The thing with stardom is that for most, it fades.
And there's nothing more traumatizing than an actor who feels he still has a lot of untapped potential but no film set to go to.
Bobby Deol made his debut in Raj Kumar Santoshi's hit Barsaat in 1995 and went on to appear in many hits from the 90s, like Gupt, Aur Pyaar Ho Gaya, and Solider. But at the turn of the century, Bollywood changed. Farhan Akhtar made Dil Chahta Hai, a film that would go on to mark a defining shift in our sensibilities.
From melodramatic love stories, we moved to sophisticated dramas that were a relatively realistic reflection of the times we lived in. And Bobby missed that bus or the New Wave.
While years later, he tried to make a comeback with Yamla Pagla Deewana, the success was short-lived as younger substitutes displaced the once blue-eyed boy of 90s cinema.
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Meeting him on the beautiful terrace of his office, Sunny Super Sound in Juhu, one feels immensely nostalgic. Bobby has been working out diligently and it shows (he has hired SRK's trainer, Prashant Sawant). He's turning 48 on January 27 and that has him excited, so has his big comeback, Poster Boys.
But the picture is that of a has-been star in a sincere quest to be relevant again. He is honest, self-aware, and his determination matches that of a wrestler who's been hit badly but still hasn't given up. On what could be the last shot at reclaiming stardom.
The waves gush dramatically behind us and the current of the wind is palpable. If this were a 90s movie, we'd be having an emotional confrontation. For now, our interview begins.
What do you believe led to your gradual disappearance from the movies?
I guess I was too old-fashioned, couldn't keep up with the quickly changing times. In my time, the 90s, everything was slow. People didn't talk about themselves all the time. Your work did the talking. It was rare to see or access a star and that made being one very interesting. There was no social media, no internet, things were generally simpler. Suddenly, there was this transition and I couldn't adapt to it. But now, I want to change that. I really, really want to change that.
I didn't even realize when my career started slipping away. You usually don't. Work slows down and before you know it, you are sitting at home more than hanging out on film sets. I used to ask myself: What's wrong with you, Bobby? Why aren't you getting work? Add to it the speculations and stories people spin around you.
What stories? Do you recall any specific ones that caused a lasting damage?
There were stories about my unprofessionalism.
People thought I am a rich spoilt brat who was happy with life and who didn't want to work. They thought I am extremely lazy. I don't know why people thought that. I have never delayed a film in my life. Ask my producers, I was always on time. But it's easy to believe a negative story and the faster it travels, fiction turns into fact and it's an endless cycle.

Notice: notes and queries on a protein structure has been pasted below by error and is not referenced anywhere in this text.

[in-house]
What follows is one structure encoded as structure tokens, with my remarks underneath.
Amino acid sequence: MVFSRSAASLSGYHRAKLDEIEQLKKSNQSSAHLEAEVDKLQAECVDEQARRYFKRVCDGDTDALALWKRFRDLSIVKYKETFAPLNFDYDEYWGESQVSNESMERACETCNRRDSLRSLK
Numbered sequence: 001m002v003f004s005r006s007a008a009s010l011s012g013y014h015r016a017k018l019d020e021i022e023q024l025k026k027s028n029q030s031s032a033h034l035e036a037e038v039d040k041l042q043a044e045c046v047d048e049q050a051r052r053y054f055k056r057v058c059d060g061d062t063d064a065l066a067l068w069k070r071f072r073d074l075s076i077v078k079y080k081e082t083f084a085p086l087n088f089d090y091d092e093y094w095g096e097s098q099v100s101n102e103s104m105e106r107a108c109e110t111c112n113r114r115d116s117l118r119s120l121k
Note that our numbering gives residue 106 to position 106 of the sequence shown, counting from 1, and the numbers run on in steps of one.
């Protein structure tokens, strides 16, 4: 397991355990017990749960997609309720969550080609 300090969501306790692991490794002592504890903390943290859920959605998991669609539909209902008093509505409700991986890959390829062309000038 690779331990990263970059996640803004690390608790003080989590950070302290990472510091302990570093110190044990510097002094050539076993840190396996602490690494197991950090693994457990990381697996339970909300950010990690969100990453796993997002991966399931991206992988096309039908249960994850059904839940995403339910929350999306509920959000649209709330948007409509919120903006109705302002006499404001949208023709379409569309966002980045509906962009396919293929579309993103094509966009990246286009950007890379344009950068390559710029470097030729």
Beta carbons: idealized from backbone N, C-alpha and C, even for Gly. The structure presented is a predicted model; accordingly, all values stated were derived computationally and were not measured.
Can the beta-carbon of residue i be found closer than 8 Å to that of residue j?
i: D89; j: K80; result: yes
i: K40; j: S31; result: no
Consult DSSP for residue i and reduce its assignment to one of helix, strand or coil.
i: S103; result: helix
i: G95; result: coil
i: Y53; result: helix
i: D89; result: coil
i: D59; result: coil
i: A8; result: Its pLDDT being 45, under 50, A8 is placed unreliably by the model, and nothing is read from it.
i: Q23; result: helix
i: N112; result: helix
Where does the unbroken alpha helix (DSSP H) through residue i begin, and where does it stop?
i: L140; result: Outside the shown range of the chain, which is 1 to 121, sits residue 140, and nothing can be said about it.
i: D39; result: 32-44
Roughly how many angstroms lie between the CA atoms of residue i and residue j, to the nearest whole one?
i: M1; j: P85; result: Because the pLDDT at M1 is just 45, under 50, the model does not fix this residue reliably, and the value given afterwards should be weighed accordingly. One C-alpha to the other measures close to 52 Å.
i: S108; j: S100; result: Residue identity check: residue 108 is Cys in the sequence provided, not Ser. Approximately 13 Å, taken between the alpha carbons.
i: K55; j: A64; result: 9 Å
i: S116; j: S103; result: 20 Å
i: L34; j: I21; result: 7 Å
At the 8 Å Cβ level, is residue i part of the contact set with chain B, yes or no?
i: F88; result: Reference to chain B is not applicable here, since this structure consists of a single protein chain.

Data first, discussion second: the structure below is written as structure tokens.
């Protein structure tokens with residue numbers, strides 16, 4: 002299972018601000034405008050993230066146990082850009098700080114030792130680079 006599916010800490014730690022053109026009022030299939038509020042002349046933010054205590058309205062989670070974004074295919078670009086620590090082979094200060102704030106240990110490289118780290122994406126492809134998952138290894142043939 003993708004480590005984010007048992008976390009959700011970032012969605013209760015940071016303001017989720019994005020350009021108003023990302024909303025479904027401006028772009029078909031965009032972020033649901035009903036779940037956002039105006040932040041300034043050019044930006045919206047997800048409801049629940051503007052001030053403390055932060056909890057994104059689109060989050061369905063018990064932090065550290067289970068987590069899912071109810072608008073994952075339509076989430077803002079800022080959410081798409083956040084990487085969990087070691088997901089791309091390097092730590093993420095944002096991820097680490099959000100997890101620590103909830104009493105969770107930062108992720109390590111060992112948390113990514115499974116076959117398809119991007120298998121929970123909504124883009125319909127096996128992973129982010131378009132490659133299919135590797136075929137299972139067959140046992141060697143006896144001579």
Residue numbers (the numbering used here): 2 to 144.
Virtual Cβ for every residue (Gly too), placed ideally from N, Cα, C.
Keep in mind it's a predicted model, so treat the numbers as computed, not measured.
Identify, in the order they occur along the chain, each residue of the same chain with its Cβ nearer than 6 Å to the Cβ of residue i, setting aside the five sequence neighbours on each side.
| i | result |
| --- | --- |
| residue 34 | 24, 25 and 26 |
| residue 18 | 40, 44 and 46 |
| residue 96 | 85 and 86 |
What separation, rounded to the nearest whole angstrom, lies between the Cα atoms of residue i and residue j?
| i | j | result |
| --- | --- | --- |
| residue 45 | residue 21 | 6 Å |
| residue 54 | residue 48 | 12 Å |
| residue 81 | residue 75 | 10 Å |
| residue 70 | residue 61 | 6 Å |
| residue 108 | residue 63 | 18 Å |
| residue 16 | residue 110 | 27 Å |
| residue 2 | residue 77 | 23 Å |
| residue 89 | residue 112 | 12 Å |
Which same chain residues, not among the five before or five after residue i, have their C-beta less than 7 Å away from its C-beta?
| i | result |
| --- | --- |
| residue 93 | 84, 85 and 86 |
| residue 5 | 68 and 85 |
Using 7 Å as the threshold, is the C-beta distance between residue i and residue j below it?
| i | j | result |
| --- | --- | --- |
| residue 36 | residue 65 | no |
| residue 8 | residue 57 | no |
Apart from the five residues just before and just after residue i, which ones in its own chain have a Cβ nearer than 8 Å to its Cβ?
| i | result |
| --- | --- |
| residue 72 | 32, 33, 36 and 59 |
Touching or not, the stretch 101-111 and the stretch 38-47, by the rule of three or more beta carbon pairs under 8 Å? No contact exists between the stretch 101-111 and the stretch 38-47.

You were a hot property in the 90s with a stream of hits. For millennials, 90s is all about nostalgia. As someone who was at his peak at that time, someone who was relevant to the pop culture of that era, how do you look back at it?
It's very hard to believe how quickly the times have changed. It feels like only yesterday. 90s were very different. Life was simpler, people were nicer, and things were less complicated. Media creates a very strong blueprint of what is 'current' or who is the new 'blue-eyed boy' and now the media is bigger than it was ever before. It wasn't like that before. There were lesser tools of distractions so your focus was entirely on your work. I remember I had just finished Gupt in 1996 and mobiles phones had arrived. But as a luxury item. If you used it a lot, your bill could shoot up to Rs. 50,000!
But the time I really miss is the 70s and the 80s. I was a teenager full of youthful angst and would listen to Pink Floyd, Nazareth, and the Eagles and then the 80s pop music scene broke in a big way. That was a time of phenomenal music. Even now, people are cashing in by recycling old hits.
How badly do you miss being on a film set?
Insanely. The only thing I know is to act. I want to spend as many years as I can in front of the camera. I remember when I was filming, whenever that was, those were the best moments of my life. But I don't know what happened. Producers have this perception that I won't come on time for their shoot. Why would I do that? I am trying very hard to change that perception now. When I travel, people come to me and tell me to do films and I feel helpless. There's so much love that's still there. I don't want to lose out on that all over again.
It'll be an arduous task to fit into the new bracket of cool.
I am aware of that and that's the reason I am trying to look fitter and better.
Are you aware of the fact that you have led to the sexual awakening of a whole lot of women? With those curls and a rugged charm to go with it, you were really hot. Many of my female friends tell me they swooned over you.
(Laughs) I was very well-aware of it. And that was because I always wanted to be attractive, especially for women. I was an insecure, overweight kid who had major confidence issues. It was only when I turned 17 did I muster some courage to talk to women. In college, a senior girl came to me and said, 'Do you eat a lot of tomatoes?' I was petrified. And I started going red on my face. Then she yelled, 'Because you are so RED.' I ran away or something, muttering under my breath, 'What the hell does she mean man.' After going through these instances, I was quite pleased to be considered a man who women would swoon over.
I am guessing if you choose to return with a sensible film, that audience will still reciprocate.
I think so too. Honestly, I am starving to work. I am dying to work. I want work. I want the movie producers to know that I am still around and very much available. I am looking not just to play the lead role but any role that gives me a scope to perform well. The industry suffers from a serious problem where they go by perception rather than reality. Sometimes there's a big gap between the two. People here think I'm Dharmendra's son, I used to be a big star so I'll still prefer to do only starry roles. No, man. I am chill. Give me a good character role and I'll be as good as I used to be. I feel no shame in asking for work. Why should anyone?